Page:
We have written in a previous blog post about the Levi and Jewell Terrill collection. This couple were longtime workers of the General Missionary Baptist Convention of Georgia (GMBCGA) and the National Baptist Convention USA. These three recordings that accompany this collection contain a GMBCGA meeting and two church meetings. They feature guest speakers, departmental reports, testifying, singing, and call and response between the leader and the congregation- great content that compliments many of the other church collections in the project, no matter what the denomination.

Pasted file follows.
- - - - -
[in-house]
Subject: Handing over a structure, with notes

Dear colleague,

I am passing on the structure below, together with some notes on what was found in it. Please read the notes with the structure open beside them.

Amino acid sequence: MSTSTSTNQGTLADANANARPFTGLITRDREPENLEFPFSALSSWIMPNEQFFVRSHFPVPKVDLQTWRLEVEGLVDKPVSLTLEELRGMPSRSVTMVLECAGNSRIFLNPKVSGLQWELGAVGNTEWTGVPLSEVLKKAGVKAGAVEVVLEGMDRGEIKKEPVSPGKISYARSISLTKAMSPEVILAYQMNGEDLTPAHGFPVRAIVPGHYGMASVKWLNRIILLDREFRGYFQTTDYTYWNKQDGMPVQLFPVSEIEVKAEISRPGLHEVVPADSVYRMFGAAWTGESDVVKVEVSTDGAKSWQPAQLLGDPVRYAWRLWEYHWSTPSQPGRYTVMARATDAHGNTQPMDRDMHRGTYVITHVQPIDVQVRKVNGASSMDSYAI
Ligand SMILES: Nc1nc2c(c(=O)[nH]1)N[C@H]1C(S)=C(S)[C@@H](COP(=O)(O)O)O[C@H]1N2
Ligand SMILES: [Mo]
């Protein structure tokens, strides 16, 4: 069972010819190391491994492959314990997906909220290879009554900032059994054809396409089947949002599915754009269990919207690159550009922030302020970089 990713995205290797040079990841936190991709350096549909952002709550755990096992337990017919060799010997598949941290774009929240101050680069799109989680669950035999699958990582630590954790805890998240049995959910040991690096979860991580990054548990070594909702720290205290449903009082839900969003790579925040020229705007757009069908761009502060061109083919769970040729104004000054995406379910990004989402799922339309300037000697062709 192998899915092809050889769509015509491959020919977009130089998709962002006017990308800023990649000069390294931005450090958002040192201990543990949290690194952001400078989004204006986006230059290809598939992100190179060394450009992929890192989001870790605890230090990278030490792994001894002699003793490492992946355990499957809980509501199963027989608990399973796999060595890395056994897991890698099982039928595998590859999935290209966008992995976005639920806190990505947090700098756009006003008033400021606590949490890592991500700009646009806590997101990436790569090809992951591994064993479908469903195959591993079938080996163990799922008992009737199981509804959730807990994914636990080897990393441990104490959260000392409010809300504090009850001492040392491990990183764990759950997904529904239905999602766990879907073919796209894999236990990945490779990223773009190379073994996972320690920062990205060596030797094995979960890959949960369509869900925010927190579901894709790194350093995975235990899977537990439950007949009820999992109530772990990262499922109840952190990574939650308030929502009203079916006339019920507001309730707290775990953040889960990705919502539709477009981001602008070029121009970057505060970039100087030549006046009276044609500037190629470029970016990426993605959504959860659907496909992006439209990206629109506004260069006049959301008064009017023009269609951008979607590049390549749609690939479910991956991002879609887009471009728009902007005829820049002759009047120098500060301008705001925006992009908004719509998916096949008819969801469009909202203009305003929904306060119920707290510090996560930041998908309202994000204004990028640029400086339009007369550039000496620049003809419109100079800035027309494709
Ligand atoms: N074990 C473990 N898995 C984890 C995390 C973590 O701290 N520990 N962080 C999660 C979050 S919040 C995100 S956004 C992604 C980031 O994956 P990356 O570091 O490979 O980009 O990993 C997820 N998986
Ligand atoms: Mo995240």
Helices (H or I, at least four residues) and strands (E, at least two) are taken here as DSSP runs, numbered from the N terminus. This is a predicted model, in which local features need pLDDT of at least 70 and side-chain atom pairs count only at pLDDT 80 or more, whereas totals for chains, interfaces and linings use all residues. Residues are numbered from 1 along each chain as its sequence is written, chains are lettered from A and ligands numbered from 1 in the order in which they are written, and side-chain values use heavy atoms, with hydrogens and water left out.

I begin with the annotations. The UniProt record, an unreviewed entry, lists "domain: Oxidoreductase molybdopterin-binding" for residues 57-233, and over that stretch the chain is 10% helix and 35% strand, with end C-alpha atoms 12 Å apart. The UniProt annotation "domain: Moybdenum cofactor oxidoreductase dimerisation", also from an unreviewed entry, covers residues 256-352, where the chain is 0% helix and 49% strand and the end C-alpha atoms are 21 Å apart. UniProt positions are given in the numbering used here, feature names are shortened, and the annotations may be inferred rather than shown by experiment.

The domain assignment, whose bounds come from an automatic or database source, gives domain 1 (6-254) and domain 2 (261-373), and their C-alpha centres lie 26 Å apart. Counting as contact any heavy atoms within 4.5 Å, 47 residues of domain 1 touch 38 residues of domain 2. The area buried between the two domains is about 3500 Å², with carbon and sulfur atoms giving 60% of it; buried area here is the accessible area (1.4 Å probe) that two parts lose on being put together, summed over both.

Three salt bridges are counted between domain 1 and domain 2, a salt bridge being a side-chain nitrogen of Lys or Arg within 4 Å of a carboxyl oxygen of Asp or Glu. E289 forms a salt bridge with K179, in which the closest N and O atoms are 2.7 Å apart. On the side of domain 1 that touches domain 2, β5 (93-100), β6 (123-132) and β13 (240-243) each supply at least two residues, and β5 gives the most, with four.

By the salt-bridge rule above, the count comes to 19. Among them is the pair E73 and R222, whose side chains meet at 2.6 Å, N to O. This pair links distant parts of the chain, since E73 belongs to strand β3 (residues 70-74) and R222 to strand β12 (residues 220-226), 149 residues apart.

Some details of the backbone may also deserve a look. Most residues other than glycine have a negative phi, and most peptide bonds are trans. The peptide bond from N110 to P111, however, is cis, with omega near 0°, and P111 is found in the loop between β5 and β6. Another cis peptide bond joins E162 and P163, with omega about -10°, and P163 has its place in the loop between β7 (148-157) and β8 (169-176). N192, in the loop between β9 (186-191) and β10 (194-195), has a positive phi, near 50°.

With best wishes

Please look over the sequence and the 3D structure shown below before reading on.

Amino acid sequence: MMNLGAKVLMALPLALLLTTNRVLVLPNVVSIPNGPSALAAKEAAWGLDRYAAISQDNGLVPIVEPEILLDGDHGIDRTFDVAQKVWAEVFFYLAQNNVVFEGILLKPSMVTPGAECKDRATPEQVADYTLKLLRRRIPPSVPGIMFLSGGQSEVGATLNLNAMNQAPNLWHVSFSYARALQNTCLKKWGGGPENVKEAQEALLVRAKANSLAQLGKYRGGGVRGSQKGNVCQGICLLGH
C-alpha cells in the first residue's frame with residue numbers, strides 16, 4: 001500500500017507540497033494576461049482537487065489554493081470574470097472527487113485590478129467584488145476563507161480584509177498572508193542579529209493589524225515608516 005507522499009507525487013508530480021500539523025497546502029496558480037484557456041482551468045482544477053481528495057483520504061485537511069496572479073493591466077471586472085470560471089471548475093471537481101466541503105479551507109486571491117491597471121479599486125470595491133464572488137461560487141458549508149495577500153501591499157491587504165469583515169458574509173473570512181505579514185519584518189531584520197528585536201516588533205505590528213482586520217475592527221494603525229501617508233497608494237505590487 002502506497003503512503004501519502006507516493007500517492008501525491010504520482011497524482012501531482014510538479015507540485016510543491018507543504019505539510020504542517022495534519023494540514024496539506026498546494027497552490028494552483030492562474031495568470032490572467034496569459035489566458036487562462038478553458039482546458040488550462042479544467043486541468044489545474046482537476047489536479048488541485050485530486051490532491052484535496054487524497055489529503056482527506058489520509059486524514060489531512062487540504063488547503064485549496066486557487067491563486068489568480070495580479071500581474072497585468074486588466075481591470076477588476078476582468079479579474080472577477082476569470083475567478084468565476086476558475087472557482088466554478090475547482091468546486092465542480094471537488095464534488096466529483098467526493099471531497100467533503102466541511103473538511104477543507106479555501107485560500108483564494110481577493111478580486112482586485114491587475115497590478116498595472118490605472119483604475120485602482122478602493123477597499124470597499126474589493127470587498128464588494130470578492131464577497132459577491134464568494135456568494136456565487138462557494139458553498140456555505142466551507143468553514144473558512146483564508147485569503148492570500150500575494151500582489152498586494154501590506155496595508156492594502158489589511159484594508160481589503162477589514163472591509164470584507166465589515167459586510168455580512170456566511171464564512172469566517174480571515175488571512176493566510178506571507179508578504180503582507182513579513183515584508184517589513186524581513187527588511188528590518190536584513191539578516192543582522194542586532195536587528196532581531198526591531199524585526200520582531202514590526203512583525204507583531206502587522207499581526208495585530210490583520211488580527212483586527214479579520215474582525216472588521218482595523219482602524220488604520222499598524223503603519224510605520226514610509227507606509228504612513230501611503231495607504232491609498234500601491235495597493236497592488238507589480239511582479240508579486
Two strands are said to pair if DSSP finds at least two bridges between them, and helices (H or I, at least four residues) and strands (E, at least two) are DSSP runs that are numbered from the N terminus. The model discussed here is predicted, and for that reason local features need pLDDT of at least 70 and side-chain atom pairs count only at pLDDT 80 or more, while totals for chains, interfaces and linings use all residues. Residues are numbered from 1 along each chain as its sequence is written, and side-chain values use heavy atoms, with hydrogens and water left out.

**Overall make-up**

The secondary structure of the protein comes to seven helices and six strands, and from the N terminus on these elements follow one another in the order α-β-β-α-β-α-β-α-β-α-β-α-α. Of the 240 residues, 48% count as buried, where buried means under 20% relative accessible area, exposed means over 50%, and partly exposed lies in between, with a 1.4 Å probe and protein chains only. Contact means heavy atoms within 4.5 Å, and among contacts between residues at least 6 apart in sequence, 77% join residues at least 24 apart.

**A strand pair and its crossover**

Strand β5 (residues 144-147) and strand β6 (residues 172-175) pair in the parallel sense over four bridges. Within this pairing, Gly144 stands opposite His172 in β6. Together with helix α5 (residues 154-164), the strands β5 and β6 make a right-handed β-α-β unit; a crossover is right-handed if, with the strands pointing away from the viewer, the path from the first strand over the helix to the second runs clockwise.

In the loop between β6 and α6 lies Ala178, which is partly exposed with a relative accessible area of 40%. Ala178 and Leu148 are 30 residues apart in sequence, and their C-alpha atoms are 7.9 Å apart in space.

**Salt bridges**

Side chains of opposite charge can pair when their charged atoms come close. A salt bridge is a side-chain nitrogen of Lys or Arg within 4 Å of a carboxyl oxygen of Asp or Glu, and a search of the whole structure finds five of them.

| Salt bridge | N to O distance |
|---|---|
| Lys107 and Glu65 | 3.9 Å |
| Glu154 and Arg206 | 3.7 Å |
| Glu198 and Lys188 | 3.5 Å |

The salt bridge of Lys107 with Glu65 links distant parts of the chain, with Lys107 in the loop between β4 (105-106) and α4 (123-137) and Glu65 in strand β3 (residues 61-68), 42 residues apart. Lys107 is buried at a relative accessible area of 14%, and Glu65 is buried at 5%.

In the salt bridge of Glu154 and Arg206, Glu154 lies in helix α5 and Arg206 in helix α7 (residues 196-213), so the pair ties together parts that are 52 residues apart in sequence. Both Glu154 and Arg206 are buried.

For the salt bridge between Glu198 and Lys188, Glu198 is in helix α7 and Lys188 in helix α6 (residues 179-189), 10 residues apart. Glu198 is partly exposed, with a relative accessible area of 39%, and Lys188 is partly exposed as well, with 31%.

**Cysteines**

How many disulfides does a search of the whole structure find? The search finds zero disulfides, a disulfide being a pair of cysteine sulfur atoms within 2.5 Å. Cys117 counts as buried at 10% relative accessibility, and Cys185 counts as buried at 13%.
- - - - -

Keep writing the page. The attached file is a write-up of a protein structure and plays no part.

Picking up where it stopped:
The smallest collection is just one tape, a microcassette to be exact, from the collection with the longest name, the Atlanta-Rome District Christian Methodist Episcopal Church Collection. This cassette features an interview with church worker Reverend L. W. Jay. In the interview he talks of his appointments within the church beginning in the 1950s. He recalls his movement to different churches within the district and the culture of the congregations within. Don’t forget to check out the photographs that compliment this collection- you can find both the recording and the photographs here.